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State Citation Question Brief answer Language from the opinion When does the case apply?
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Arkansas
Bohannon v. State, 2014 Ark. App. 434; Arkansas Code §5-4-205; Drain v. State, 10 Ark. App. 338, 664 S.W.2d 484 (1984); Cavin v. State, 11 Ark. App. 294, 669 S.W.2d
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508 (1984); Trial Handbook for Arkansas Lawyers § 99:20 (2016-2017 ed.)
Under state constitutional or statutory law, what are the minimum requirements for a constitutionally adequate ability-to-pay determination? Include any guidance about the substantive standards to apply, the burden of proof,
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the sources of information that should be considered, and the timing of the determination (i.e. before imposition, before enforcement action, only if incarceration is threatened).
The defendant has to make a good faith attempt to comply with a court order to pay. Otherwise, her probation may be revoked. The State has the burden of proving
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the failure to pay; the burden of production then shifts to the defendant to show why. The State must then prove that the nonpayment was inexcusable.
"(3) In determining whether to revoke probation or conditional release, the court or releasing authority shall consider: (A) The defendant's employment status; (B) The defendant's earning ability; (C) The defendant's financial
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resources; (D) The willfulness of the defendant's failure to pay; and (E) Any other special circumstances that may have a bearing on the defendant's ability to pay."
Ability to pay
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Arkansas
Drain v. State, 10 Ark. App. 338, 664 S.W.2d 484 (1984), citing Bearden v. Georgia, 461 U.S. 660 (1983); see also Ark. Code
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Ann. § 5-4-203(a)(3) and (4) (Supp. 1995).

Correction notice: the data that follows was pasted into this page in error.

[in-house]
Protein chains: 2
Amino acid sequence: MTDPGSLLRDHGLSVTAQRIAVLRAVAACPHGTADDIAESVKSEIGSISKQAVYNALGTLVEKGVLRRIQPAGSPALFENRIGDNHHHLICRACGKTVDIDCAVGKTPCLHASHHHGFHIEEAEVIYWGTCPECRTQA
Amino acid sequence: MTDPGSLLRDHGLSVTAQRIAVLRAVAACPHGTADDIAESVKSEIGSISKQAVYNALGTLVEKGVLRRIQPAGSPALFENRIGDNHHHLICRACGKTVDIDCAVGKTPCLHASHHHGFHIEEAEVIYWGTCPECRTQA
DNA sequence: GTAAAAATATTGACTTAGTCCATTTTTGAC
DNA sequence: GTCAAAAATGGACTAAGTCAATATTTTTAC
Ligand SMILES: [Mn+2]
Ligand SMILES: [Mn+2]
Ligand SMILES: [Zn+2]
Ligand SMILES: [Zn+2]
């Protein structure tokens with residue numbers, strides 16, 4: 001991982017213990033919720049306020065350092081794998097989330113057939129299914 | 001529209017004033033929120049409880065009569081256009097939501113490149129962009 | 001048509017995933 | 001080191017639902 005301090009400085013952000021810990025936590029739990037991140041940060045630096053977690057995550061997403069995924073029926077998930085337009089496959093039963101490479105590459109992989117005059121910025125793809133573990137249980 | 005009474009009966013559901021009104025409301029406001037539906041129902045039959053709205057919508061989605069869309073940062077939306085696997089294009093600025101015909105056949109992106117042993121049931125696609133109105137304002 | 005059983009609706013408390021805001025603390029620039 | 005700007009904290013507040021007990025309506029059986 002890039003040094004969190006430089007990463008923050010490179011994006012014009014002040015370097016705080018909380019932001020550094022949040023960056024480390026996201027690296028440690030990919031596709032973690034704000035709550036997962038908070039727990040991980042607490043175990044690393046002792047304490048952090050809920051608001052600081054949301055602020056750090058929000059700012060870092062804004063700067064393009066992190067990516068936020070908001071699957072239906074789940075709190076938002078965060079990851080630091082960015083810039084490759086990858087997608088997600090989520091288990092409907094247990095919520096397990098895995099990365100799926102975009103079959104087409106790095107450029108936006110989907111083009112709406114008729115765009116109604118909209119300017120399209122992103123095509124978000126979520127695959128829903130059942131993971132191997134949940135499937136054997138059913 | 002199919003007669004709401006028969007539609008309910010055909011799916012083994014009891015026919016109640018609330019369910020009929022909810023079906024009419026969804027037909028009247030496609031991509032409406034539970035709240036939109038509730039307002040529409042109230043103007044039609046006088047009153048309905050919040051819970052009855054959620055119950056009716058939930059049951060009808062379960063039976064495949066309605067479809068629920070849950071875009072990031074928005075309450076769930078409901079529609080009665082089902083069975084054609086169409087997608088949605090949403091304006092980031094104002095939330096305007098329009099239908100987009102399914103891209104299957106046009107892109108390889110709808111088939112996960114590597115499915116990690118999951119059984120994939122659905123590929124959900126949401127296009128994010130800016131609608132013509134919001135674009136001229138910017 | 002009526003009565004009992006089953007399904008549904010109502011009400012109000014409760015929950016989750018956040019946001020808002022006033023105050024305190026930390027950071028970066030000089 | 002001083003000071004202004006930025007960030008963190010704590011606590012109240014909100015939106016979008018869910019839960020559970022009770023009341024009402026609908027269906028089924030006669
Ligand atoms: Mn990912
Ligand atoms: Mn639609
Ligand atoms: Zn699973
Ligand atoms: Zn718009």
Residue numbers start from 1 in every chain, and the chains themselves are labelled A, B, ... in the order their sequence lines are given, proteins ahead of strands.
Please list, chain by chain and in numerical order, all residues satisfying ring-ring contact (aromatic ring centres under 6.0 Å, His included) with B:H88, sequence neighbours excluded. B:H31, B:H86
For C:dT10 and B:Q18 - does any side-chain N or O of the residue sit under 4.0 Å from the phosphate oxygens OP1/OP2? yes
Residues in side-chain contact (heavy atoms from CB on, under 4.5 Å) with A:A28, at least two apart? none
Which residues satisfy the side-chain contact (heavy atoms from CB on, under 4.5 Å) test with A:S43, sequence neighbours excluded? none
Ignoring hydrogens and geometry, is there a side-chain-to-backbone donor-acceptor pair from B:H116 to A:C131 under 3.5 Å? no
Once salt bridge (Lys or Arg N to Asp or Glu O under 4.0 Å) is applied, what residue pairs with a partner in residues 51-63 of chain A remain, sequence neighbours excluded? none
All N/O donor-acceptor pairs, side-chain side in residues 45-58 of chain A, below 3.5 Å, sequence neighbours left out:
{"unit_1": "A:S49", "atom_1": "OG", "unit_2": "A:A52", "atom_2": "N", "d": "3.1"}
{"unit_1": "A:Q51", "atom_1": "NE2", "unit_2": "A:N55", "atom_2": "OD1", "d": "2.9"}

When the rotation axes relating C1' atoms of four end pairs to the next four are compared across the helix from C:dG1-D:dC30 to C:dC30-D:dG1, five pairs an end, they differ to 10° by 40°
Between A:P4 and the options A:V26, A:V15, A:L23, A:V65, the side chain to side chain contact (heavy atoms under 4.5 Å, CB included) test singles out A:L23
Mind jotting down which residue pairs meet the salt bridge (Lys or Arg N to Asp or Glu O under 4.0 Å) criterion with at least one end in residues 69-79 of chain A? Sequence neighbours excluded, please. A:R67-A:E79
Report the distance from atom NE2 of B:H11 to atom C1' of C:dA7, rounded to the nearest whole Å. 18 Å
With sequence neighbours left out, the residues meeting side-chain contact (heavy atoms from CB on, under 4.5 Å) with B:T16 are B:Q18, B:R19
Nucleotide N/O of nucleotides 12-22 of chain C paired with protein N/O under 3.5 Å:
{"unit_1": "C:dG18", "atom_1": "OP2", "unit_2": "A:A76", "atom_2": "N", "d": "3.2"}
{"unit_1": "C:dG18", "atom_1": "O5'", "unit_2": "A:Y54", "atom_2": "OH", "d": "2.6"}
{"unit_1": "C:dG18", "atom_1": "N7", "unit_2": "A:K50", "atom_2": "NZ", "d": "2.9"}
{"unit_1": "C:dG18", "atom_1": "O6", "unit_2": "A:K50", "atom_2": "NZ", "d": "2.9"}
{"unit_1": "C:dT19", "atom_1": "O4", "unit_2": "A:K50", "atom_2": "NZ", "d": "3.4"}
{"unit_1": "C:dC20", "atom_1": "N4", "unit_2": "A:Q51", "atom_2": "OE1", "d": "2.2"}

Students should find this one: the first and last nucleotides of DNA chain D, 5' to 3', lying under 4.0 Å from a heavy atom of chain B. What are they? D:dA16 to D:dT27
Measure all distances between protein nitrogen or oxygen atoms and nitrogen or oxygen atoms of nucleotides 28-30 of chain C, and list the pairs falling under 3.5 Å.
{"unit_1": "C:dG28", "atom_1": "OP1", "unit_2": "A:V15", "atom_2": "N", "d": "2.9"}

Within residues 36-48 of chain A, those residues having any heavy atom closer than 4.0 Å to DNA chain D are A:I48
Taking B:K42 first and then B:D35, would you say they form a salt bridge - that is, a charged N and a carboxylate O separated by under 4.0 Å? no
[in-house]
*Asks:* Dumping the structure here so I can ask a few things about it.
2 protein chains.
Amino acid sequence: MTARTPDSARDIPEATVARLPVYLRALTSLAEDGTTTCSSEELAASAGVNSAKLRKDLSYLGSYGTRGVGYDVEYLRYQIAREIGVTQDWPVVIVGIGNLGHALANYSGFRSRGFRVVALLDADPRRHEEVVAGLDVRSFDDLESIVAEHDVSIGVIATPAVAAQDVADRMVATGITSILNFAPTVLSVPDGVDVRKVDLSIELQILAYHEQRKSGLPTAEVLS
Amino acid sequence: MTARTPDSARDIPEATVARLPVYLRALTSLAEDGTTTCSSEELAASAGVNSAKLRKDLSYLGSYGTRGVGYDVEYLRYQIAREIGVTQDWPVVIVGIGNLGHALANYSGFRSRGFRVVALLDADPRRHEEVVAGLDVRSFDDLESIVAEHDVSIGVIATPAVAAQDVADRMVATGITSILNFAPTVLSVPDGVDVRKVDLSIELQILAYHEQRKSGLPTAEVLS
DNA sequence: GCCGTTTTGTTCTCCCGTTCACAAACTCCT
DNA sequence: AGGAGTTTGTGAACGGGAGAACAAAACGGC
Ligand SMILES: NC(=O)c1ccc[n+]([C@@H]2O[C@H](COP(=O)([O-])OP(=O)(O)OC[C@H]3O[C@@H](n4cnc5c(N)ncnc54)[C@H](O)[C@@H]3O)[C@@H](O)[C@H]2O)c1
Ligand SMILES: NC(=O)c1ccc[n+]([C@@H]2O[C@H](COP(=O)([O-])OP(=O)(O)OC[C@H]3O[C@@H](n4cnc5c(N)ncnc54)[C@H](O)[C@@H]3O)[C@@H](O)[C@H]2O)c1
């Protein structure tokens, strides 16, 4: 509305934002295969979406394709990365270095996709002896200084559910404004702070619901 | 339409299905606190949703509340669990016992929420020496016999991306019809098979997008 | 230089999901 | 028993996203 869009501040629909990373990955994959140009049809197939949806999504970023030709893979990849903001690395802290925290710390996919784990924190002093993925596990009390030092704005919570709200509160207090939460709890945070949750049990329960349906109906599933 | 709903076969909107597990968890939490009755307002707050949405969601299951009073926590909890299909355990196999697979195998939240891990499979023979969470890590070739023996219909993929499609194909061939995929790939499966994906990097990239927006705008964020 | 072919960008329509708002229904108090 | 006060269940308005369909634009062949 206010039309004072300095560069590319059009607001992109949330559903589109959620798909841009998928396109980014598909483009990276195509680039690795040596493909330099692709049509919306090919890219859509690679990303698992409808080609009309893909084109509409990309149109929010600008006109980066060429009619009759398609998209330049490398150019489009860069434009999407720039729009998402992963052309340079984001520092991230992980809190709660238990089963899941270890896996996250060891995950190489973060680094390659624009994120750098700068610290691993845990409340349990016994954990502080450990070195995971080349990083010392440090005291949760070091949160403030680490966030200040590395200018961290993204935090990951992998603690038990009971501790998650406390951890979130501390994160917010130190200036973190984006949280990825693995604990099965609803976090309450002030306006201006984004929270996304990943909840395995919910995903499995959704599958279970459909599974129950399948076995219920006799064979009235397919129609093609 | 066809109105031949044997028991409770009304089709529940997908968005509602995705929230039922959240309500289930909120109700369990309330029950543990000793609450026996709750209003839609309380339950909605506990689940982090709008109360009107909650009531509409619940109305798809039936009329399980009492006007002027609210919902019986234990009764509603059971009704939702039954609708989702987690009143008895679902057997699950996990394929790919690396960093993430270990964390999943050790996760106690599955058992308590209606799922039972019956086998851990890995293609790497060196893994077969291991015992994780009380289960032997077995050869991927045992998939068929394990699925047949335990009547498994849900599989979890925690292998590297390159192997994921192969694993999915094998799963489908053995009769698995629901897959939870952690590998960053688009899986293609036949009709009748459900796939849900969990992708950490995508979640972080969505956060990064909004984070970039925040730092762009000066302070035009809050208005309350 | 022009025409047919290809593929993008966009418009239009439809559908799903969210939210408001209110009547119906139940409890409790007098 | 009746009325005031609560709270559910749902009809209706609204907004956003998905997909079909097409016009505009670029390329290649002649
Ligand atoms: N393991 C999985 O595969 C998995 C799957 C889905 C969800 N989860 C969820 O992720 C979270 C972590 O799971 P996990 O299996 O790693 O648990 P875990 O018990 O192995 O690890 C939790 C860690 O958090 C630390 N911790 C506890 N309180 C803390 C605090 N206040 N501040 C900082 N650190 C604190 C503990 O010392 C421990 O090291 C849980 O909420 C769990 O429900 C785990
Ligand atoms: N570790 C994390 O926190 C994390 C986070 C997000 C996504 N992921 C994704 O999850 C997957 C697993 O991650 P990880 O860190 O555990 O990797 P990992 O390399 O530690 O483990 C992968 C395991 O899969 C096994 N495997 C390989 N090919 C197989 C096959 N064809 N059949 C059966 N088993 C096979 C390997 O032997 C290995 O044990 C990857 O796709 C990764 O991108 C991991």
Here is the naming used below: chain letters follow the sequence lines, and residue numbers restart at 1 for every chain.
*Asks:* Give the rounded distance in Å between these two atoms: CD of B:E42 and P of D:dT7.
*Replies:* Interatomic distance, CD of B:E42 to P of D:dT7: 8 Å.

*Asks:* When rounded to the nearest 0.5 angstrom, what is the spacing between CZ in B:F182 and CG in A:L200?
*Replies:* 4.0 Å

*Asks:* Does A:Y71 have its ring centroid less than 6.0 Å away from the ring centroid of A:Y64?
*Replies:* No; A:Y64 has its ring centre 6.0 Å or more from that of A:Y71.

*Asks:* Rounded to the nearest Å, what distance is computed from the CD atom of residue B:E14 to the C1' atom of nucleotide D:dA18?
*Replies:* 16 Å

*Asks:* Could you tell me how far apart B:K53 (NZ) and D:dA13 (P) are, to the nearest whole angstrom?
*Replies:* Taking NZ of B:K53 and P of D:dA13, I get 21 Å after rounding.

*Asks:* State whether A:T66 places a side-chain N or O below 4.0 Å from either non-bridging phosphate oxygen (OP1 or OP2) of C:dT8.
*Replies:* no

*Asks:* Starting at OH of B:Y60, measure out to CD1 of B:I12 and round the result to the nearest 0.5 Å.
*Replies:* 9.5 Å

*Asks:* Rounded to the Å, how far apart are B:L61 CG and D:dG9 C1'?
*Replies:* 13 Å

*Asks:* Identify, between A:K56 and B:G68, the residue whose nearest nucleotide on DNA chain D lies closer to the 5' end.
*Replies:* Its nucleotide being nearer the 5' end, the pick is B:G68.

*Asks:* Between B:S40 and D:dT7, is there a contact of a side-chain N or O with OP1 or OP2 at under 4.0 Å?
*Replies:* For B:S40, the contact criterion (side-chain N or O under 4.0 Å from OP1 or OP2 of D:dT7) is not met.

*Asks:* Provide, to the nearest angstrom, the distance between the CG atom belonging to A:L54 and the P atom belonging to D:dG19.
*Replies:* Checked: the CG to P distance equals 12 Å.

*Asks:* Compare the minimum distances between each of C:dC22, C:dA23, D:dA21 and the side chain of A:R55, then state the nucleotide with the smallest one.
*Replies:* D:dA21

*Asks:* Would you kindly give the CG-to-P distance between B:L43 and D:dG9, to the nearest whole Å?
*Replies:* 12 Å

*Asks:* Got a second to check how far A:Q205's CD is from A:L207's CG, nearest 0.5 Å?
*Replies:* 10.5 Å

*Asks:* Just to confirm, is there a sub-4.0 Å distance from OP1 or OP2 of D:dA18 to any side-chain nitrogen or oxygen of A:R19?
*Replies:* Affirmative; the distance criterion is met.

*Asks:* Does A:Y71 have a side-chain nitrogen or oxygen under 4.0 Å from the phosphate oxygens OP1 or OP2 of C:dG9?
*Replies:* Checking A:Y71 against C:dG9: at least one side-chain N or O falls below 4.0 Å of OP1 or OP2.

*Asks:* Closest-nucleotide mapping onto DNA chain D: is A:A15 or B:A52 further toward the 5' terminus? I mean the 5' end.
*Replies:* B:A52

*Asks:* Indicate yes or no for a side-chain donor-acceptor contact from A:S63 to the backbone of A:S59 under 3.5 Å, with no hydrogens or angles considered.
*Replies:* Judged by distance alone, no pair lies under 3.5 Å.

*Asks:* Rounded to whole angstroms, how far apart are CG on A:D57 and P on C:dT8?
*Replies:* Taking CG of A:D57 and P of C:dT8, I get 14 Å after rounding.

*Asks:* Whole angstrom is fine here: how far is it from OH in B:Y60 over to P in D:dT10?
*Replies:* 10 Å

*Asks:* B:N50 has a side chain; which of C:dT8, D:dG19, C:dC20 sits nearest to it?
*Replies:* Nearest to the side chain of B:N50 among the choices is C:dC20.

Imprisonment of an indigent defendant for failure to pay a fine violates the defendant’s equal protection rights.
This statute basically codifies the principles established by the cases of Tate v. Short, 401 U.S. 395, 91 S.Ct. 668, 28 L.Ed.2d 130 (1971), and Williams v. Illinois, 399 U.S.
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235, 90 S.Ct. 2018, 26 L.Ed.2d 586 (1970), both of which stand *341 for the proposition that a sentence to imprisonment for nonpayment of a fine works an invidious discrimination against indigent defendants in violation of the equal protection clause of the Fourteenth Amendment.
Enforcement
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Indiana IN Const. Art. 1, § 16
Under state constitutional or statutory law, what are the minimum requirements for a constitutionally adequate ability-to-pay determination? Include any guidance about the substantive standards to apply, the burden of proof,
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the sources of information that should be considered, and the timing of the determination (i.e. before imposition, before enforcement action, only if incarceration is threatened).
There is a constitutional limitation on excessive fines in the criminal context.
Section 16. Excessive bail shall not be required. Excessive fines shall not be imposed. Cruel and unusual punishments shall not be inflicted. All penalties shall be proportioned to the nature
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of the offense.
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Indiana Ind. Code § 33-37-2-3; Ind. Code § 35-38-2-1.7
Coleman v. State, 61 N.E.3d 390, 392 (Ind. Ct. App. 2016)
Trial court must conduct an indigency hearing when it imposes fines or costs as part of a defendant's sentence; however, no specific requirement indicates when the hearing must be held
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as long as the hearing is held before the sentence is completed.
Further, the trial court must conduct an indigency hearing when it imposes fines or costs as part of a defendant's sentence. Johnson v. State, 27 N.E.3d 793, 794-95 (Ind.Ct.App.2015),
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see also Ind.Code § 33–37–2–3(a). However, no specific requirement indicates when the hearing must be held as long as the hearing is held before the sentence is completed. Johnson, 27 N.E.3d at 794–95.
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Indiana Meunier-Short v. State, 52 N.E.3d 927, 931 (Ind. Ct. App. 2016)